December 2, 2022

Secession: Coming to a State Near You?

In his superb new book, the gifted historian Ryan McMaken states that the size of a state does indeed matter, and he makes a powerful case with regard to secession from existing says and for decentralization within all of them.

Breaking Away: The situation for Secession, Radical Decentralization, and Smaller Polities

by Ryan McMaken
Mises Institute, 2022, 230 pp.

Those of us who believe that there should be no state in any way, or at most a very restricted one, must view almost all existing states with discontentment, though some are better than others. In assessing how good or bad a state can be, does the extent from the territory it controls matter? Offhand, you might think it doesn’t. Is not the only relevant dimension through which to judge states the nature and degree of control they have more than their people? The United States in the nineteenth century was much better than Cambodia under Pol Pot, though vastly bigger. In his superb new guide, the gifted historian Ryan McMaken argues that the size of a state does indeed matter, and he makes a effective case for secession through existing states and for decentralization within them.

It’s much harder, he admits that, to establish totalitarian rule in a state than in a large 1, because it is easier for people in order to leave.

Because of their physical size, huge states are able to exercise a lot more state-like power than geographically smaller states— and thus physical exercise a greater deal of control over residents. This is in part mainly because larger states benefit from increased barriers to emigration than smaller states. Large declares can therefore better avoid one of the most significant barriers to expanding state power: the  ability of residents to move away . (p. 27, emphasis in original)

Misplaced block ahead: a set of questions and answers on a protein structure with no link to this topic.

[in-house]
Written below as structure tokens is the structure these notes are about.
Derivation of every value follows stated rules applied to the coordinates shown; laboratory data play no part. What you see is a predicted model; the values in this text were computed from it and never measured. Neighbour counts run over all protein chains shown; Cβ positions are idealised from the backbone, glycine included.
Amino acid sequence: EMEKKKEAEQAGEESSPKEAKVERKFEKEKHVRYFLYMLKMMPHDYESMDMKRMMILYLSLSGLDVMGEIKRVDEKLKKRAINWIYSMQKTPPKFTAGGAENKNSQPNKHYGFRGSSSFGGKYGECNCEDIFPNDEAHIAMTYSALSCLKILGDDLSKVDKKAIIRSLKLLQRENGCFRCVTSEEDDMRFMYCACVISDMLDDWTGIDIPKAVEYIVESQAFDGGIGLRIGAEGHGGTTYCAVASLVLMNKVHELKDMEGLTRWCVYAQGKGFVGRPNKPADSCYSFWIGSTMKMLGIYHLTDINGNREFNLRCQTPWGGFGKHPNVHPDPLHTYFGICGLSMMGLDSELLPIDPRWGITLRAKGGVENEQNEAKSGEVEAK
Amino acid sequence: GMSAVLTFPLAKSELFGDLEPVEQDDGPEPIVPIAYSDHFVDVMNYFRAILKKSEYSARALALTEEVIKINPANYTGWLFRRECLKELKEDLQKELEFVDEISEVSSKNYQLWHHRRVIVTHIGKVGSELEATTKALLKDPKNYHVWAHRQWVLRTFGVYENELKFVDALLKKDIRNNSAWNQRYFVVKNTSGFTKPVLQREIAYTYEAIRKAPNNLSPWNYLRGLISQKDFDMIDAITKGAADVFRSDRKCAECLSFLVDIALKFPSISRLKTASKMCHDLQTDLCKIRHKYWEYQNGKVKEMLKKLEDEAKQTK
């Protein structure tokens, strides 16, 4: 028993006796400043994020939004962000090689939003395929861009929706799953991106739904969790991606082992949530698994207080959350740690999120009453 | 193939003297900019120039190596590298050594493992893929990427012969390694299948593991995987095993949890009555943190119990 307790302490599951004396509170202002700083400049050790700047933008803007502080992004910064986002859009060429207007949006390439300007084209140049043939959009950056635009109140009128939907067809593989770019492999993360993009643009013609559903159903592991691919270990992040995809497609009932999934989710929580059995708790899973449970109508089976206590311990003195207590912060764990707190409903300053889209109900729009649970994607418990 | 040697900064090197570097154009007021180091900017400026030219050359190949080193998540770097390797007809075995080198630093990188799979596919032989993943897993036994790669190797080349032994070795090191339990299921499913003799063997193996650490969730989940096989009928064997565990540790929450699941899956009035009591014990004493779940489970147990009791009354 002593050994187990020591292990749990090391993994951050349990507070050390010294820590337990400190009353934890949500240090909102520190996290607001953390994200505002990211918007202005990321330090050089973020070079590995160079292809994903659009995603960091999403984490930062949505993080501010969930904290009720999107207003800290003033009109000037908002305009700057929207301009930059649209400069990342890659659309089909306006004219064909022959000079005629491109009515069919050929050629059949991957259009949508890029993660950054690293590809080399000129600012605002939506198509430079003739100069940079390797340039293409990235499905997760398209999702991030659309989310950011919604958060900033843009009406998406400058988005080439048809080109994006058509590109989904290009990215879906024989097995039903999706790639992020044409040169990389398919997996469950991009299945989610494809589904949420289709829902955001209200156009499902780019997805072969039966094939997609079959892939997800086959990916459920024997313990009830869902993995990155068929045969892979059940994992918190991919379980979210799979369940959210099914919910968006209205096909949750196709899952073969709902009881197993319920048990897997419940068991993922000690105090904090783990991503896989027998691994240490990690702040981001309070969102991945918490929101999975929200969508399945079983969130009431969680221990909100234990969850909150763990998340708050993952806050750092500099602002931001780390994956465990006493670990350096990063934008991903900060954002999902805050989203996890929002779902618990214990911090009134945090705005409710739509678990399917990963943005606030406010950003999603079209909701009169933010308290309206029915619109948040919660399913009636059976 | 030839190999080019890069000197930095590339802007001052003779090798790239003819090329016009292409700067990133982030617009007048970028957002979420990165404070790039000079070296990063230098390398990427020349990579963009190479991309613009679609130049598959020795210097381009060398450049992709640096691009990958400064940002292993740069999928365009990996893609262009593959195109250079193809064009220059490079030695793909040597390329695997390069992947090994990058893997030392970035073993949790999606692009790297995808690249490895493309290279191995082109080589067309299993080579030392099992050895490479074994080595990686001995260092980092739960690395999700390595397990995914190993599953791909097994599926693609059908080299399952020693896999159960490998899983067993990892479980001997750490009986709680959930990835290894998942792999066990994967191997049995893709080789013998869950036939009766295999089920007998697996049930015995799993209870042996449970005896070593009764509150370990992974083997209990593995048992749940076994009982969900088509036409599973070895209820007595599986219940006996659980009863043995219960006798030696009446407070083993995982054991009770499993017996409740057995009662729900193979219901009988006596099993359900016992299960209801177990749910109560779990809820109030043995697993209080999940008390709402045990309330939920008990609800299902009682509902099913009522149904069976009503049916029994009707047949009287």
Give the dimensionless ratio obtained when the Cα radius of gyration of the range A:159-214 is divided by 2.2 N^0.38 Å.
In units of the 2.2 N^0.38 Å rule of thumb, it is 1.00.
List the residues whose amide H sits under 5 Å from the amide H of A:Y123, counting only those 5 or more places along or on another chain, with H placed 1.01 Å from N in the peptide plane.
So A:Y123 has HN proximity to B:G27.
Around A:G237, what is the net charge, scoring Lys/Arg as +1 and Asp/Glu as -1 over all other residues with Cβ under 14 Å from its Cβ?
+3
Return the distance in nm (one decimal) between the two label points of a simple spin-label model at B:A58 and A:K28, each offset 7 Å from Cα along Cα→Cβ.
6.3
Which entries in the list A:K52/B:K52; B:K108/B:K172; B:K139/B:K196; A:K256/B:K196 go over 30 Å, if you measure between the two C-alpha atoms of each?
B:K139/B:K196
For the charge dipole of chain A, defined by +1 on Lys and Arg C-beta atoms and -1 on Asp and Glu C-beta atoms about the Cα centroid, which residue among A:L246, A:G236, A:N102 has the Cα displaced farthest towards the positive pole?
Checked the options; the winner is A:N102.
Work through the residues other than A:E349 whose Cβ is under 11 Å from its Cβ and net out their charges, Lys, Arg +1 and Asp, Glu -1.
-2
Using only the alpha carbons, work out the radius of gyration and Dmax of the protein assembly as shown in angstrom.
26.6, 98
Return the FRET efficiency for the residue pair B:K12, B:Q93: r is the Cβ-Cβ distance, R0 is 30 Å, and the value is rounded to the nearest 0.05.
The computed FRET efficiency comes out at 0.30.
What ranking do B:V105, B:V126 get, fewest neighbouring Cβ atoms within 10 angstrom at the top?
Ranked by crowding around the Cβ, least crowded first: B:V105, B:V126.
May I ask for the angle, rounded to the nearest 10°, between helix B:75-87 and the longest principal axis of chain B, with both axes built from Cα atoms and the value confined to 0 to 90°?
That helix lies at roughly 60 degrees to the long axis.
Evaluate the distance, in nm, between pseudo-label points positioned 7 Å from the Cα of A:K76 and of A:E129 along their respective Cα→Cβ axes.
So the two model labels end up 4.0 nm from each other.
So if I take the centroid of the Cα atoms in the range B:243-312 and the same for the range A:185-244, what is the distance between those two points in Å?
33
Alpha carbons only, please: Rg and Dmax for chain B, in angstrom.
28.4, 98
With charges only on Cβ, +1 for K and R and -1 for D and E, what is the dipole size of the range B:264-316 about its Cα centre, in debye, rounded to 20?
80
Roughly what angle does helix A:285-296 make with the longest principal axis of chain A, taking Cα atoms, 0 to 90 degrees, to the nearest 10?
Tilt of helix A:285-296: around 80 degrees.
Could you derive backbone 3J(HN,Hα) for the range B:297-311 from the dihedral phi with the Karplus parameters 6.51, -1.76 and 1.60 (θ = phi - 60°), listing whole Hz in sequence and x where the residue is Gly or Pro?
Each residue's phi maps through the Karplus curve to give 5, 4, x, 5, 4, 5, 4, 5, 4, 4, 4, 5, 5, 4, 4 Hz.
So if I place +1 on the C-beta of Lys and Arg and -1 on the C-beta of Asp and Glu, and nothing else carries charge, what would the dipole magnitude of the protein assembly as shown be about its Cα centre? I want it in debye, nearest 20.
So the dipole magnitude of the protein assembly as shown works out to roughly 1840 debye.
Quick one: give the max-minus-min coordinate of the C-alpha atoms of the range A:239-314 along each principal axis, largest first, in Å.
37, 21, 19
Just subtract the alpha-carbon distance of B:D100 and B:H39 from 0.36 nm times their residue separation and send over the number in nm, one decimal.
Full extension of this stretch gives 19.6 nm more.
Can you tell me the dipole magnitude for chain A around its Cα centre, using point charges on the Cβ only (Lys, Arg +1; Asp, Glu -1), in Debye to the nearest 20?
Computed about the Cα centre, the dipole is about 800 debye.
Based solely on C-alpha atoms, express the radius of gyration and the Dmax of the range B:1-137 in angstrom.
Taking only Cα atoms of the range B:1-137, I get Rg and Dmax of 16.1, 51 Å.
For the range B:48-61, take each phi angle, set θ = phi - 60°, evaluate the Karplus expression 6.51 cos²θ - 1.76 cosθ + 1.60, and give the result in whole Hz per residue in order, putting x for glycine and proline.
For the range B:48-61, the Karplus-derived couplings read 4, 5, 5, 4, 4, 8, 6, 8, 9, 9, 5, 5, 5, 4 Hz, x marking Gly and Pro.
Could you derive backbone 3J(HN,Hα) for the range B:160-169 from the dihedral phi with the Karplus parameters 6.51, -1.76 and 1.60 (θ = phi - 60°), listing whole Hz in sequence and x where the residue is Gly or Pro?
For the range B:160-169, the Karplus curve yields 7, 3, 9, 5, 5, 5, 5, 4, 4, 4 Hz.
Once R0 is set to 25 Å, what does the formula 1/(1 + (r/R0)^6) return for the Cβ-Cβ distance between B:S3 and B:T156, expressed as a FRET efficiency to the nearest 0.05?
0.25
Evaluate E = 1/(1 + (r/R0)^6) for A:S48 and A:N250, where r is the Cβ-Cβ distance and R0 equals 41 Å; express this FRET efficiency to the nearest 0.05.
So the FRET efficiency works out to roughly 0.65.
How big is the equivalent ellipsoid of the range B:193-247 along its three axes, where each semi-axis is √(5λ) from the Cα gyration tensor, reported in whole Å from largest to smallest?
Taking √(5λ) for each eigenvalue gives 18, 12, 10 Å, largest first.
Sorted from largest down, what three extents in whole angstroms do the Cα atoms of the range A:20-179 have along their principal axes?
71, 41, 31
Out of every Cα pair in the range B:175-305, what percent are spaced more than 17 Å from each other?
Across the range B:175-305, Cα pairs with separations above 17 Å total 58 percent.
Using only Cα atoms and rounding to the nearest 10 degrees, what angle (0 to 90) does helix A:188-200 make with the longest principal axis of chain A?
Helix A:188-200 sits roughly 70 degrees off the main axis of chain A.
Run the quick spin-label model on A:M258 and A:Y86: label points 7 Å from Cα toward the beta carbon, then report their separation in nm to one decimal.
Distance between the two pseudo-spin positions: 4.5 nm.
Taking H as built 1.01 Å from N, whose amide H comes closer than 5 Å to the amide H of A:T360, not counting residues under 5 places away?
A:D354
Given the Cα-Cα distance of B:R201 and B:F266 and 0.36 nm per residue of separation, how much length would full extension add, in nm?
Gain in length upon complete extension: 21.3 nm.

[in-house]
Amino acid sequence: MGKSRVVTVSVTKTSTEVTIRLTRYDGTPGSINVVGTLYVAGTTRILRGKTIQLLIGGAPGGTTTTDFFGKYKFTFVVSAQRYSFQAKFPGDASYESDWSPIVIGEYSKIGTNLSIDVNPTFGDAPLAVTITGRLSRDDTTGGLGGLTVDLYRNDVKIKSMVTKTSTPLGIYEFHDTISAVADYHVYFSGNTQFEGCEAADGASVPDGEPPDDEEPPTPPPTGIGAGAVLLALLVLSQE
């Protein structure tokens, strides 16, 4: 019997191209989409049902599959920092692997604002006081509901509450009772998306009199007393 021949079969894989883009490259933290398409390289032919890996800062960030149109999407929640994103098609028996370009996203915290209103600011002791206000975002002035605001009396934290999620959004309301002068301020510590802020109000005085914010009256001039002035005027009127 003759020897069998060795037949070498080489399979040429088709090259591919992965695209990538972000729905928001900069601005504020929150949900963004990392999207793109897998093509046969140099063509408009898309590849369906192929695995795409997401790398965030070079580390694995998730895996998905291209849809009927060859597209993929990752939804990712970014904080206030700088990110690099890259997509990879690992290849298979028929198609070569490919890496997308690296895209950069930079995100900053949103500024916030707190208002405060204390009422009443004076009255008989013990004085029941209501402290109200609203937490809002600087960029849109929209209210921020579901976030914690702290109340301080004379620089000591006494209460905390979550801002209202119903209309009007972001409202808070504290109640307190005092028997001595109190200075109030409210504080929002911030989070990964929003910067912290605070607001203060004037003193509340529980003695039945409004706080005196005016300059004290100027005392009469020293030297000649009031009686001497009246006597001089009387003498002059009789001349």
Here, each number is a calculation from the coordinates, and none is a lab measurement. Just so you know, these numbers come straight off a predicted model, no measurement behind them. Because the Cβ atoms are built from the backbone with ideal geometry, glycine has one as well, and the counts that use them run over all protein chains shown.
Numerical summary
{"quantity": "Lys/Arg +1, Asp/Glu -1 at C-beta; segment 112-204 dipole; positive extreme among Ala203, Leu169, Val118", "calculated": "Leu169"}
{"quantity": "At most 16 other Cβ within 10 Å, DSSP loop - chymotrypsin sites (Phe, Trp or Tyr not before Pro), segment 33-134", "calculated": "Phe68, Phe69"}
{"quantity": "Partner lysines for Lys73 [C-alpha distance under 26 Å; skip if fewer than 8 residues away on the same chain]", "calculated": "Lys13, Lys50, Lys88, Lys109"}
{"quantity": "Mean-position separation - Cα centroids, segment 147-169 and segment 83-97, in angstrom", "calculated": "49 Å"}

McMaken cites the eminent political philosopher Hannah Arendt within support: “ In the girl book  The Roots of Totalitarianism , Hannah Arendt examines a number of nontotalitarian dictatorships that sprang upward in Europe before the Second World War…. In many of such cases, Arendt contends the regimes attempted to turn themselves into totalitarian regimes, but failed. This was largely due to their lack of size” (p. 49, emphasis in original).

On the other side, though, can not a large number of small states make trade barriers more likely? McMaken does not think so , and responding to this contention he or she uses an argument parallel to the one about totalitarianism. Because small states have small control over the world’s economy, it is difficult for them to insulate themselves from international business: “ After all, an autarkic small country that lacks a diverse economy or perhaps a large agricultural sector will quickly find itself running out of food, skilled labor, plus raw materials. Moreover, a small country without close economic ties to other nations will also soon find itself in a very dangerous geopolitical position” (p. 91). In this connection, it’s interesting to note that the oft-repeated claim of American centralizers that a strong central government had been needed to cope with trade barriers under the Articles of Confederation has no basis, as Merrill Jensen and Murray Rothbard, following him, have stated.